Man on the Run by Charles Williams

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Synopsis

Pursued by the police, a desperate man fights to stay free—and stay alive
It’s raining hard when the man leaps off the train. He lands safely and creeps into town, praying he will find someplace to hide. It’s nearly daylight, and the police are not far behind. He breaks into an unoccupied seaside cottage, and is overjoyed to find coffee, whiskey, and cigarettes. But before the fugitive can relax, the doorknob rattles. The police are at the door. Russell Foley, third mate on an oil tanker, is not a cop killer. But the night before he got into a fight with a police detective, and a few hours later the cop was found stabbed to death. Unable to explain himself, he bolts, hoping to evade the police and somehow find the real killer. But for a man who cannot stop running, justice can be a hard thing to find.
 

About Charles Williams

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Charles Walter Stansby Williams was born In London on September 20, 1886. The author and scholar was educated at St. Alban's School and at University College, London. In 1917 Williams married Florence Conway and had one son. In 1908 Williams joined the Oxford University Press and remained a member of the staff until his death. In 1912 he published his first book of verse, The Silver Stair, and, for the next thirty-three years wrote and lectured tirelessly. In that time he produced over thirty volumes of poetry, plays, literary criticism, fiction, biography, and theological argument. Among the many titles he produced are The English Poetic Mind (1932), Reason and Beauty in the Poetic Mind (1933), The Figure of Beatrice (1943). Taliessin through Logres (1938), The Region of the Summer Stars (1944), He Came Down from Heaven (1938), The Descent of the Dove (1939). Among his biographical works are Bacon (1933), James I (1934), Rochester (1935) and Queen Elizabeth (1936); and among his novels War in Heaven (1930), The Place of the Lion (1931), Many Dimensions (1931), Descent into Hell (1937) and All Hallows' Eve (1945). Charles Williams was an active member of the Inklings, an informal literary discussion group associated with the University of Oxford, England, for nearly two decades between the early 1930s and late 1949. The Inklings were literary enthusiasts who praised the value of narrative in fiction and encouraged the writing of fantasy. The Mythopoeic Scholarship Award in Inklings Studies is given to books on J.R.R. Tolkien, C.S. Lewis, and/or Charles Williams that make significant contributions to Inklings scholarship. Charles Williams died May 15, 1945 at Oxford. He is buried aside his wife and son in Holywell Cemetery, Oxford, next to St. Cross Church.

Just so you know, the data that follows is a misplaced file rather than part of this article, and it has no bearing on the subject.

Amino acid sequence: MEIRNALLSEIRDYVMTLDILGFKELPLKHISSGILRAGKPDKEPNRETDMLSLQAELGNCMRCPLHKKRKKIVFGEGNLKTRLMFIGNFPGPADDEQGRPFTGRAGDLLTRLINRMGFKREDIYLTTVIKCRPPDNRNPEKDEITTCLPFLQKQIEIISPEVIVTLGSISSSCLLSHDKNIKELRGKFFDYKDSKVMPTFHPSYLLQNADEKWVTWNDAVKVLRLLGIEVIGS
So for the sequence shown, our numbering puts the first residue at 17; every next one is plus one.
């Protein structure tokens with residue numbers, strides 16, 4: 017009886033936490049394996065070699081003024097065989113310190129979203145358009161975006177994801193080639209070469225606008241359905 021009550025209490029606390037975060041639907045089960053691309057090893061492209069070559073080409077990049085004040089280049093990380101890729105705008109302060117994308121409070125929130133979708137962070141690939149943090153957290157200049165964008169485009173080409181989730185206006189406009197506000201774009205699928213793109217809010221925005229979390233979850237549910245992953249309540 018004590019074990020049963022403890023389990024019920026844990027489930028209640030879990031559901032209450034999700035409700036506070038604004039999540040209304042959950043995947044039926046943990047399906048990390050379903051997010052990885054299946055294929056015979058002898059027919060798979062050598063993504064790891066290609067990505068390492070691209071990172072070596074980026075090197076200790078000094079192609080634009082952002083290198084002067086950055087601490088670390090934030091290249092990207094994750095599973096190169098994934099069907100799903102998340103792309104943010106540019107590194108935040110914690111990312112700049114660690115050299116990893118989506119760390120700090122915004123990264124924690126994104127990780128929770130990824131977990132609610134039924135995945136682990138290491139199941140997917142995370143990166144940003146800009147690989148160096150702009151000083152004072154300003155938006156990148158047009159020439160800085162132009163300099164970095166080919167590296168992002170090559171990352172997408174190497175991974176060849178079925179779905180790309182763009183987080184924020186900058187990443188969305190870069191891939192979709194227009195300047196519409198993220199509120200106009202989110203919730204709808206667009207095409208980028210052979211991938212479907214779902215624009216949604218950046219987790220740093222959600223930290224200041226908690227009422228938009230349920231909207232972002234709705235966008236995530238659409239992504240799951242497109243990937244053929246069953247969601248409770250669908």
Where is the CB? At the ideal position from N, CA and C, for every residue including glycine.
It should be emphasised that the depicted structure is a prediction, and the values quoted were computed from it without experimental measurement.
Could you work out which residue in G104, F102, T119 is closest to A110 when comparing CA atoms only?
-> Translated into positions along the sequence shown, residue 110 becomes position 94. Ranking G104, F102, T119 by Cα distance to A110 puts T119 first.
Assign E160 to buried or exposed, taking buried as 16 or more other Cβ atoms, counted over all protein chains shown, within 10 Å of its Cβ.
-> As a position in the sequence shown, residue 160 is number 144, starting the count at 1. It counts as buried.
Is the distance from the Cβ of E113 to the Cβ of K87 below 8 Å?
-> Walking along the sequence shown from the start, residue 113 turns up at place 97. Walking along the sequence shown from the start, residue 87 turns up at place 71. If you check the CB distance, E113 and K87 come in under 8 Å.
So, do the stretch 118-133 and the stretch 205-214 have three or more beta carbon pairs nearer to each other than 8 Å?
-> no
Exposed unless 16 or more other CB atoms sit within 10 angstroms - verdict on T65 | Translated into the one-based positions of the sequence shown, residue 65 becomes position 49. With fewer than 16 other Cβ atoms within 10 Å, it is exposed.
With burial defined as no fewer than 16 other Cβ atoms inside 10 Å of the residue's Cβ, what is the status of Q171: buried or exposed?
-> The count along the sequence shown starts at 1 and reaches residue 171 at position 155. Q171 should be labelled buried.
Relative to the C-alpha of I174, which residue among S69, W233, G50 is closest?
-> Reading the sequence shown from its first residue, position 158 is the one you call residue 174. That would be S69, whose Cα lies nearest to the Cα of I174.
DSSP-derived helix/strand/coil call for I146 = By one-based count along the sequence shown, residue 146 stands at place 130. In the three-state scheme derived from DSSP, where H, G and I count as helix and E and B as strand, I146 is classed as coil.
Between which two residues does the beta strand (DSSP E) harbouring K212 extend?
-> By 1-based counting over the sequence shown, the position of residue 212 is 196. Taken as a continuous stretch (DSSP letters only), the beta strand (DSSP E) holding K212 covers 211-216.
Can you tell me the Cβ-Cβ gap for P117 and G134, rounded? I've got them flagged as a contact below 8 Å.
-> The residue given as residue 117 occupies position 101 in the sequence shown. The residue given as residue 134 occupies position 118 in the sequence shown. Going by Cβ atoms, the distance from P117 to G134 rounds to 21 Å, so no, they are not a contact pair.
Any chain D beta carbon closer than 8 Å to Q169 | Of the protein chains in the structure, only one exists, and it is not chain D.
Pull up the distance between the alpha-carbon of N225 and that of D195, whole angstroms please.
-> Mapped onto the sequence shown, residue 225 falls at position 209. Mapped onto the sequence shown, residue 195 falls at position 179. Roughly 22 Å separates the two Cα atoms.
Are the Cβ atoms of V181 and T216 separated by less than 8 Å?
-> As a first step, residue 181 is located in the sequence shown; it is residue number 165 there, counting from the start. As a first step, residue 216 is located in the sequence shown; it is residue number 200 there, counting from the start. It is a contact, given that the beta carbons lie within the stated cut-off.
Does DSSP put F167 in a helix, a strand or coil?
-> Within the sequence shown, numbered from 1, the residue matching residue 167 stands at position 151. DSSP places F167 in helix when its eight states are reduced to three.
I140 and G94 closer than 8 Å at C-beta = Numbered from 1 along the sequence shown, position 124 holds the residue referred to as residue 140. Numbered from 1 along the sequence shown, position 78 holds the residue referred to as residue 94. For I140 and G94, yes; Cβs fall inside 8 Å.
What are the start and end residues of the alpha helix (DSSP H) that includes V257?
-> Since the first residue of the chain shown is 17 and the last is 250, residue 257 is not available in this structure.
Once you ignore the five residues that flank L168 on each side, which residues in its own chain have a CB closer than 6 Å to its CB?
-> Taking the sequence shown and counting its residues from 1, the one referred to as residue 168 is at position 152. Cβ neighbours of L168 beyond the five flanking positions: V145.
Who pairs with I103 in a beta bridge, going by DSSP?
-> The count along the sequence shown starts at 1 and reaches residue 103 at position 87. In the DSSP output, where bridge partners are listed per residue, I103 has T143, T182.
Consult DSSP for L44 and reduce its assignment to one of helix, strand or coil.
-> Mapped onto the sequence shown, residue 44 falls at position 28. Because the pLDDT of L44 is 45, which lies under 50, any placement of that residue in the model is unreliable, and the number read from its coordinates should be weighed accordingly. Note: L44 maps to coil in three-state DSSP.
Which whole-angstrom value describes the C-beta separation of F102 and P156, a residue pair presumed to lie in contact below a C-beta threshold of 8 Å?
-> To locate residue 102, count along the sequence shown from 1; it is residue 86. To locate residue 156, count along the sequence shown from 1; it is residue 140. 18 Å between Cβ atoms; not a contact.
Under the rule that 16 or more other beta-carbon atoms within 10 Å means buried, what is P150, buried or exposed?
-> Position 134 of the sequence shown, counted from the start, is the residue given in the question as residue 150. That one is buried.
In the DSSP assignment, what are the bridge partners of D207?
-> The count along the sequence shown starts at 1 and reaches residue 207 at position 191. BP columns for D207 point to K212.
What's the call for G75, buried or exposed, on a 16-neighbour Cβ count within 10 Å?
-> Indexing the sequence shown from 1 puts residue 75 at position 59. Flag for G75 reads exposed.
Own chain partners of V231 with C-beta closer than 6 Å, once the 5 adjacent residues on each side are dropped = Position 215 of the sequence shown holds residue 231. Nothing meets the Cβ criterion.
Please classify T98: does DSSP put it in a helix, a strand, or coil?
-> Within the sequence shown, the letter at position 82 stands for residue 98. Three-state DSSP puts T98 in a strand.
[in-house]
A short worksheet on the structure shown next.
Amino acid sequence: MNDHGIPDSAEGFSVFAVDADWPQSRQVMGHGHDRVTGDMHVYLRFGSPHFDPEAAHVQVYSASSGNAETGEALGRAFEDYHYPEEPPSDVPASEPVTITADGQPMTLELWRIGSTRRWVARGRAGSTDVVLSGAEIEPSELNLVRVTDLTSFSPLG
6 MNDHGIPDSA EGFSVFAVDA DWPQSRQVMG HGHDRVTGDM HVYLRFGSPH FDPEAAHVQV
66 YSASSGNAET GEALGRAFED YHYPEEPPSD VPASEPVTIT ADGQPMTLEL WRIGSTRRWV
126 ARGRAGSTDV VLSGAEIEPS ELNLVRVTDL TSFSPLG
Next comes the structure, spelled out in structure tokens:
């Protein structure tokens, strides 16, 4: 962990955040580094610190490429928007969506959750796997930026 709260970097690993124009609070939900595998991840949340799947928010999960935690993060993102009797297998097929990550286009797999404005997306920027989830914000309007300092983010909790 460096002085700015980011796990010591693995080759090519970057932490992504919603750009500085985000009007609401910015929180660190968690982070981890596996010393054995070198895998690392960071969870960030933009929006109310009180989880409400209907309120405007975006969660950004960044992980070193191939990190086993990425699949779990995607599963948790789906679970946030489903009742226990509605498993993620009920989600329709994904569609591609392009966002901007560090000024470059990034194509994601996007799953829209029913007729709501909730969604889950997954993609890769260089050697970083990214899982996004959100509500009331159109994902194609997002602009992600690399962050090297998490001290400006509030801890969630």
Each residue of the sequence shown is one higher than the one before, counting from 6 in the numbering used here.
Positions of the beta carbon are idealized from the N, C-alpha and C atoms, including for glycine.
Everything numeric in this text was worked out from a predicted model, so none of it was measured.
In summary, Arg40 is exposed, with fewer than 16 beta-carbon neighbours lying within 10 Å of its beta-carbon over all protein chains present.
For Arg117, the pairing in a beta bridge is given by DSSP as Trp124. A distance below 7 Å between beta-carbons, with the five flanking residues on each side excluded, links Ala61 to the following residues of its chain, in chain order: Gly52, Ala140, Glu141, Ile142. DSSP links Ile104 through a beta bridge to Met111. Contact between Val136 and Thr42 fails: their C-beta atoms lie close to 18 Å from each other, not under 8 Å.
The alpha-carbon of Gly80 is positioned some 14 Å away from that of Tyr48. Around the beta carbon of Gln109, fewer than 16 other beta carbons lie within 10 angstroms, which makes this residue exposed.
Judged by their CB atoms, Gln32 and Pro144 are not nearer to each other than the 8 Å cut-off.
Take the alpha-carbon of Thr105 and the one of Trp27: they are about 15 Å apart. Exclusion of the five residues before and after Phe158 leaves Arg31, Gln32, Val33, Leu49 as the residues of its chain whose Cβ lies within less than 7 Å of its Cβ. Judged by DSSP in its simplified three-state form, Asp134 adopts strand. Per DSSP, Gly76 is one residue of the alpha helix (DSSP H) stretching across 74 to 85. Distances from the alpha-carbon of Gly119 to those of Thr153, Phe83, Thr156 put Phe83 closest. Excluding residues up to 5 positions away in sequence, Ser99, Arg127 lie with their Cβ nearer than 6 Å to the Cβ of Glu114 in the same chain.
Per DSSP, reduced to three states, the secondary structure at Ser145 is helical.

Published January 15, 2013 by MysteriousPress.com/Open Road. 144 pages
Genres: Mystery, Thriller & Suspense, Literature & Fiction, Crime. Fiction

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